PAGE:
Re: Usability notes from using runit for the first time

From: Robin Bowes <>
Date: Sun, 09 Feb 2014 13:04:57 +0000

On Sat, 2014-02-08 at 22:32 -0800, Kevin Burke wrote:
> Hello,
> Recently I set up a daemon to monitor server load, that's monitored by
> runit. I ran into a few problems that ended up taking the better part of a
> day to debug, so I wanted to note them here.
> *Despite starting a single Python process via runit, after about 20 minutes
> several Python processes would be running on the host.* The problem, it
> turns out, was that I wasn't using exec() to replace the `run` script with
> my Python process. It may be worth noting this in the FAQ; something like
> "I started my service with runit, but it looks like several instances are
> running" and tell people to ensure they started their service with exec. It
> may also be worth telling people that if monitored via top() or similar,
> your running program must appear as a child of runsvdir for runsv to
> effectively monitor it.

This is already covered in the FAQ:

> *Second, changes to my `run` script weren't being picked up by runs v. *I
> havne't double checked this, but I believe running "sv down <service>; sv
> up <service>" was not enough for runit to pick up changes in my program's
> `run` file. Only after I removed the /service/myservice directory were the
> changes picked up. Again, I haven't double checked this but if this is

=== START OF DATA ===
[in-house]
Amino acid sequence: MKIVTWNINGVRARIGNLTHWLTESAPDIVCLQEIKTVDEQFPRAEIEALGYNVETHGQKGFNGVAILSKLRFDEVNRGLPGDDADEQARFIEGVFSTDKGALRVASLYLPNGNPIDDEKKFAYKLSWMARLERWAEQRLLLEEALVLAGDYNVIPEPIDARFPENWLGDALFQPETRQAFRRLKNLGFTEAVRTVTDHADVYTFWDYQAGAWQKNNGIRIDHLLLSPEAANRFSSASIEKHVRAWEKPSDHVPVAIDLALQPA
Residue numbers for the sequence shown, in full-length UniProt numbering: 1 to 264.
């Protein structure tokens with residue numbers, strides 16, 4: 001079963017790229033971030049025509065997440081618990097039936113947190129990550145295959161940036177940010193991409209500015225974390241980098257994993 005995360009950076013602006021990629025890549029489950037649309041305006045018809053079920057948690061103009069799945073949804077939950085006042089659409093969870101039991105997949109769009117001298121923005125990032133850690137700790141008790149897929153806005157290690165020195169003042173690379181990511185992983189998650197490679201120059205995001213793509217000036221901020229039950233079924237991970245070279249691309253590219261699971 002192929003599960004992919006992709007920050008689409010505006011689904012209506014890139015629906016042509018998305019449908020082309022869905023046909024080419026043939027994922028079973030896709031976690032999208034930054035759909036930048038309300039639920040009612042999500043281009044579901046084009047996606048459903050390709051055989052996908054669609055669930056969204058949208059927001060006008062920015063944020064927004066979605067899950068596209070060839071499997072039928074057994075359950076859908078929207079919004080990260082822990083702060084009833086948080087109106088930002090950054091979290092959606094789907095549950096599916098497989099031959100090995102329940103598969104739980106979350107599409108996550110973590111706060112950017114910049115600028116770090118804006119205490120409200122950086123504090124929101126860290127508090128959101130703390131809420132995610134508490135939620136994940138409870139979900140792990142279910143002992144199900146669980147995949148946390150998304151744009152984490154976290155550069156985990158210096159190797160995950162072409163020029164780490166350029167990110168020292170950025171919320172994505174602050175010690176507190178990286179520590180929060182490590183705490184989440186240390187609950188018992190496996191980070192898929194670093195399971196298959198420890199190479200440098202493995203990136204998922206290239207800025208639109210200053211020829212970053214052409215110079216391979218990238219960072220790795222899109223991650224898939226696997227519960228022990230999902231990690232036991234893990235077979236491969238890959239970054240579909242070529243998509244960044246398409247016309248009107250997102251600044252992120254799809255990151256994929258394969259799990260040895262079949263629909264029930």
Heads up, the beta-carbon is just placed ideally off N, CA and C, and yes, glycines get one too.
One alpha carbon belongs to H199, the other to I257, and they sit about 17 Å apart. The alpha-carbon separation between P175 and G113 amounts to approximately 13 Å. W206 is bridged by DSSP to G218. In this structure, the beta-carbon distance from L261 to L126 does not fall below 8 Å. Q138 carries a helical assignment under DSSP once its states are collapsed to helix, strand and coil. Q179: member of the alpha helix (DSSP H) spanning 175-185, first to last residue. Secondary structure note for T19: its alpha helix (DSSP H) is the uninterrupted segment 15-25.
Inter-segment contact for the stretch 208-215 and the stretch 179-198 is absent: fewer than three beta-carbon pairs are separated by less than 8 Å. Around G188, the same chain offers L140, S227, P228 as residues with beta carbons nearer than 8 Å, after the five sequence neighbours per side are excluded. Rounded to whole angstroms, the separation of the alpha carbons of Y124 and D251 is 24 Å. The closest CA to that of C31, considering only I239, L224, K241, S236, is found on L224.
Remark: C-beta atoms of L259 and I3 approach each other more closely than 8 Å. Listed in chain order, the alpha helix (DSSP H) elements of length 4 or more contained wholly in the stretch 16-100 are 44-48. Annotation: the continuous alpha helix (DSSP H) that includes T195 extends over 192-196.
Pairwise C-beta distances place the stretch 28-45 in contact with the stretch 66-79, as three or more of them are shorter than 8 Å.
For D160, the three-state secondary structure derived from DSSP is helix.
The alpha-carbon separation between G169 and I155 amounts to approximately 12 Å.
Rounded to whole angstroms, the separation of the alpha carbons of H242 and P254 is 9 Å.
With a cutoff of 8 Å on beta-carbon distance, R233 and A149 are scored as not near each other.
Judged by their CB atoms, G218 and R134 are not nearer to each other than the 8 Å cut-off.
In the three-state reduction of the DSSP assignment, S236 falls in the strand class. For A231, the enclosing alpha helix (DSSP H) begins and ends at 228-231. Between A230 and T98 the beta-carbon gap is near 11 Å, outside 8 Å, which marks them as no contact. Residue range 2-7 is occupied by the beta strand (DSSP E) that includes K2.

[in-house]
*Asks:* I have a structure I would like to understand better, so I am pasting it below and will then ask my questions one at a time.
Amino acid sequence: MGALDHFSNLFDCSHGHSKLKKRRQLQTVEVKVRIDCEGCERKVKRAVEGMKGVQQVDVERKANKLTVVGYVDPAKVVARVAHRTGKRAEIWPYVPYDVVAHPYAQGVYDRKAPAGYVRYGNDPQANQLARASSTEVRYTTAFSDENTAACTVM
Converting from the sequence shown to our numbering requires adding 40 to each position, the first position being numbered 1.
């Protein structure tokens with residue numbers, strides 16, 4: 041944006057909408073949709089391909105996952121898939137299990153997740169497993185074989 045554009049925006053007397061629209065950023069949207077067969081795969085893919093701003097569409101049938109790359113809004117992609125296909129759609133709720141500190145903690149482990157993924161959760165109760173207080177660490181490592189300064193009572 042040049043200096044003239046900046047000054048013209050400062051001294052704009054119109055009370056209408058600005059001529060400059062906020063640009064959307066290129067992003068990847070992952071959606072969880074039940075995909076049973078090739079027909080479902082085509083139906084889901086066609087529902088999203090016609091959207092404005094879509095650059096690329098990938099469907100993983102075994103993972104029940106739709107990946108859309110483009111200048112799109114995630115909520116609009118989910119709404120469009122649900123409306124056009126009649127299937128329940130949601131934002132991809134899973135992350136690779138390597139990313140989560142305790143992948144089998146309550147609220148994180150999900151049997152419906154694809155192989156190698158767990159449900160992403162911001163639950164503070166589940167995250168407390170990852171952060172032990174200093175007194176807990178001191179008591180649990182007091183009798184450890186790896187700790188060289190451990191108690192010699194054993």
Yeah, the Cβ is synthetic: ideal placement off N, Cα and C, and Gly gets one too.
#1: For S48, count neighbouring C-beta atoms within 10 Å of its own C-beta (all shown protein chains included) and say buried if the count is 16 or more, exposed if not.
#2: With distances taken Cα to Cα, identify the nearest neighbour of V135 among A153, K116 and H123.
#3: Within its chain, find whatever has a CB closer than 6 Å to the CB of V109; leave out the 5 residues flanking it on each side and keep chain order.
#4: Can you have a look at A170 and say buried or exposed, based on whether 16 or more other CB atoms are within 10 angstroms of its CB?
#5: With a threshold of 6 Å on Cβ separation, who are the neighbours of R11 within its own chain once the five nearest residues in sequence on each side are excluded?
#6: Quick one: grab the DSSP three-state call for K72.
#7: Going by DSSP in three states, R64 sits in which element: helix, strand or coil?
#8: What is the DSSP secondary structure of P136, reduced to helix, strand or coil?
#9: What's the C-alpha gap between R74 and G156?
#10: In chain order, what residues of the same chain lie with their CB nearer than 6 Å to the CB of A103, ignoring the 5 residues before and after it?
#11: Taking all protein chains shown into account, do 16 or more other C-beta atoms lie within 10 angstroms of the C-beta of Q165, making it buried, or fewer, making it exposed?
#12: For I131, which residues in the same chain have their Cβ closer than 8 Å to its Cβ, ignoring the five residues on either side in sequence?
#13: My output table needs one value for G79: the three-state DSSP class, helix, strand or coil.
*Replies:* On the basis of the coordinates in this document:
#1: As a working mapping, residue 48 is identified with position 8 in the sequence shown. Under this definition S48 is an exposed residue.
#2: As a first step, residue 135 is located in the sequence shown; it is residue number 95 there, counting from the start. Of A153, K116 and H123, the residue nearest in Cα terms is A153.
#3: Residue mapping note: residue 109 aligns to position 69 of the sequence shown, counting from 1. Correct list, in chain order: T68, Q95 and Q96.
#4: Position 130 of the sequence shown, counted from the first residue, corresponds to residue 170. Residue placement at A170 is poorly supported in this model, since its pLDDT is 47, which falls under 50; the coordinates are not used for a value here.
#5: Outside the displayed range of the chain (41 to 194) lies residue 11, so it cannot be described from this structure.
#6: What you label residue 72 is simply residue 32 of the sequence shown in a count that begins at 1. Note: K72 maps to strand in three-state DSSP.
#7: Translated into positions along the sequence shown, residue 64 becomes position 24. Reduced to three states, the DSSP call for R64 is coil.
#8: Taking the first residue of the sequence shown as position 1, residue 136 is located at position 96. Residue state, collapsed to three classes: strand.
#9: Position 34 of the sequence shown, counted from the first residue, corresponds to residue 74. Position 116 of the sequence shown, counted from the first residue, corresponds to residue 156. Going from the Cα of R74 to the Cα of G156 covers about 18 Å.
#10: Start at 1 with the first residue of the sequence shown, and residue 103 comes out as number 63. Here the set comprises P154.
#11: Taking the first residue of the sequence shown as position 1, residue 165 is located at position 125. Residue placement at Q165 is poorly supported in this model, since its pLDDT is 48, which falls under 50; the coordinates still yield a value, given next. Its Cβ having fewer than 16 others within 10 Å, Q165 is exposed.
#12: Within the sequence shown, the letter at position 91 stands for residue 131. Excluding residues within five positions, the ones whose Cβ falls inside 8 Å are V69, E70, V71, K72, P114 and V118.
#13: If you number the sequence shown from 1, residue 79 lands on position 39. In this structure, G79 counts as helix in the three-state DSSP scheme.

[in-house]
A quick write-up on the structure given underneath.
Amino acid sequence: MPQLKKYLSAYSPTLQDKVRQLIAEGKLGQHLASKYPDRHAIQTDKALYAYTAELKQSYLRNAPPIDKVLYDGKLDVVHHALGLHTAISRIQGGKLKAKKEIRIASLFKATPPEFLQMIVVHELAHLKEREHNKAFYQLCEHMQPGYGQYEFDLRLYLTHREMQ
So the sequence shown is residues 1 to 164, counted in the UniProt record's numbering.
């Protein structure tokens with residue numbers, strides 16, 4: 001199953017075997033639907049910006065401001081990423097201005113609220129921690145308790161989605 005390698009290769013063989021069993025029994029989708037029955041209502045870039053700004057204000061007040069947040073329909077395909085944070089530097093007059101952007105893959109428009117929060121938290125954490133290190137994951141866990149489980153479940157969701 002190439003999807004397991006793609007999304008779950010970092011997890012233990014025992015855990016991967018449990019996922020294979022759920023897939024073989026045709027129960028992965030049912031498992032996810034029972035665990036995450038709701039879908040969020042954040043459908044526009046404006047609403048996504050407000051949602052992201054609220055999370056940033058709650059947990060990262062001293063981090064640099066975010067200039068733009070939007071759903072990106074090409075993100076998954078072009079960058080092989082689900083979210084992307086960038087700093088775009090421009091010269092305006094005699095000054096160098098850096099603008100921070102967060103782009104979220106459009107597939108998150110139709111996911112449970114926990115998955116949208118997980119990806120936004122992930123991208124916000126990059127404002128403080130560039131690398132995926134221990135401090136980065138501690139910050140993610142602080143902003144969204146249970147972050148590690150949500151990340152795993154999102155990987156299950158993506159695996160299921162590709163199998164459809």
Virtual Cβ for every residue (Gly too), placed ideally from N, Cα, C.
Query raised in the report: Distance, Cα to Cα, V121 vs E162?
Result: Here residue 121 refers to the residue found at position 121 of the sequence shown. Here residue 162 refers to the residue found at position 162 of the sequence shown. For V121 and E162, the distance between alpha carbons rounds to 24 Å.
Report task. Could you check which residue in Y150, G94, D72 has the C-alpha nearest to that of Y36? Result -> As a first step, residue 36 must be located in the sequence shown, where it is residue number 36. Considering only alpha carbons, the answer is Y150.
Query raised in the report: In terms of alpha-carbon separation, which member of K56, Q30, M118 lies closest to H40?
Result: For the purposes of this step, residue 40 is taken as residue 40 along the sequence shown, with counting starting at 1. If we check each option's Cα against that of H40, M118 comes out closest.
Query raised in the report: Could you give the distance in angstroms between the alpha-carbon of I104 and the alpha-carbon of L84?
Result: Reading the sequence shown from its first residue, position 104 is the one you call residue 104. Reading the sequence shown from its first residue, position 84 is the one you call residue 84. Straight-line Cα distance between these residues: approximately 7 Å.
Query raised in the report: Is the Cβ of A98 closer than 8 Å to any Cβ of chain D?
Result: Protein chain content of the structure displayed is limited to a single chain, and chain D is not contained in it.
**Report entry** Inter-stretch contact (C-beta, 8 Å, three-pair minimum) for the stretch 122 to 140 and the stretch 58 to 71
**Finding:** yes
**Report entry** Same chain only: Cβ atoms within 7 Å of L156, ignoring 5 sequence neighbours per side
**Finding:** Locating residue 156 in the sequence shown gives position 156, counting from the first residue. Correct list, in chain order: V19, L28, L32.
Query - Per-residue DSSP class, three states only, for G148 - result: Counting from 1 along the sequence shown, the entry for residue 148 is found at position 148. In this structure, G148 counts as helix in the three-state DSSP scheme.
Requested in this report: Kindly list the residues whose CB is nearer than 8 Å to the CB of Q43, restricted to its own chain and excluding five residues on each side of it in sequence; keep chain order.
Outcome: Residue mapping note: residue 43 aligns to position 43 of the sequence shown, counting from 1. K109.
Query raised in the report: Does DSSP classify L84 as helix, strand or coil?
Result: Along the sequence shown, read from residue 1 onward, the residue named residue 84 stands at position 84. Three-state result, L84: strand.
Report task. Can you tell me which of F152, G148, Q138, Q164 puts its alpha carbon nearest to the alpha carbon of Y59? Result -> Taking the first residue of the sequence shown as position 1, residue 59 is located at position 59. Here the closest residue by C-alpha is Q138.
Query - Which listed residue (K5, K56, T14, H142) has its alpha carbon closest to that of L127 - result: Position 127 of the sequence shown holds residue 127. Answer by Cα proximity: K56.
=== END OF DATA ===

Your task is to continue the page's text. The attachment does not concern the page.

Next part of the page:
> actually the program's behavior then it may be worth noting this in a FAQ.

I am not 100% sure of this but I think the correct way to pickup changes
in the run script is to exit the service and start it again, ie. do

sv exit your_service
sv start your_service

> *Third, does runsv log anywhere*, or can it be run in a debug mode? When I
> saw multiple processes popping up in the process list, my intuition was to
> try and enable debug logs to figure out what was doing on.

For runsvdir logging:

To create a service with an appendant log service:

> Finally, I would like to restart the process if it is using too much
> memory. Reading the `chpst` man page reveals this:
> *-m bytes:* limit memory. Limit the data segment, stack segment, locked
> physical pages, and total of all segment per process to bytes bytes each.
> What is the actual behavior if the process tries to use more memory than it
> is allowed? Will it (can it) just restart the process?

I believe what happens is that chpst enforces the memory limit and the
limited program will simply die if it tries to allocate more memory than
it is allowed. runsv will then restart the program.


> Thanks for your help! runsv/chpst are awesome tools and I'm glad they are
> so good.
> Kevin
> --
> Kevin Burke | Twilio
> phone: 925.271.7005 |
Received on Sun Feb 09 2014 - 13:04:57 UTC

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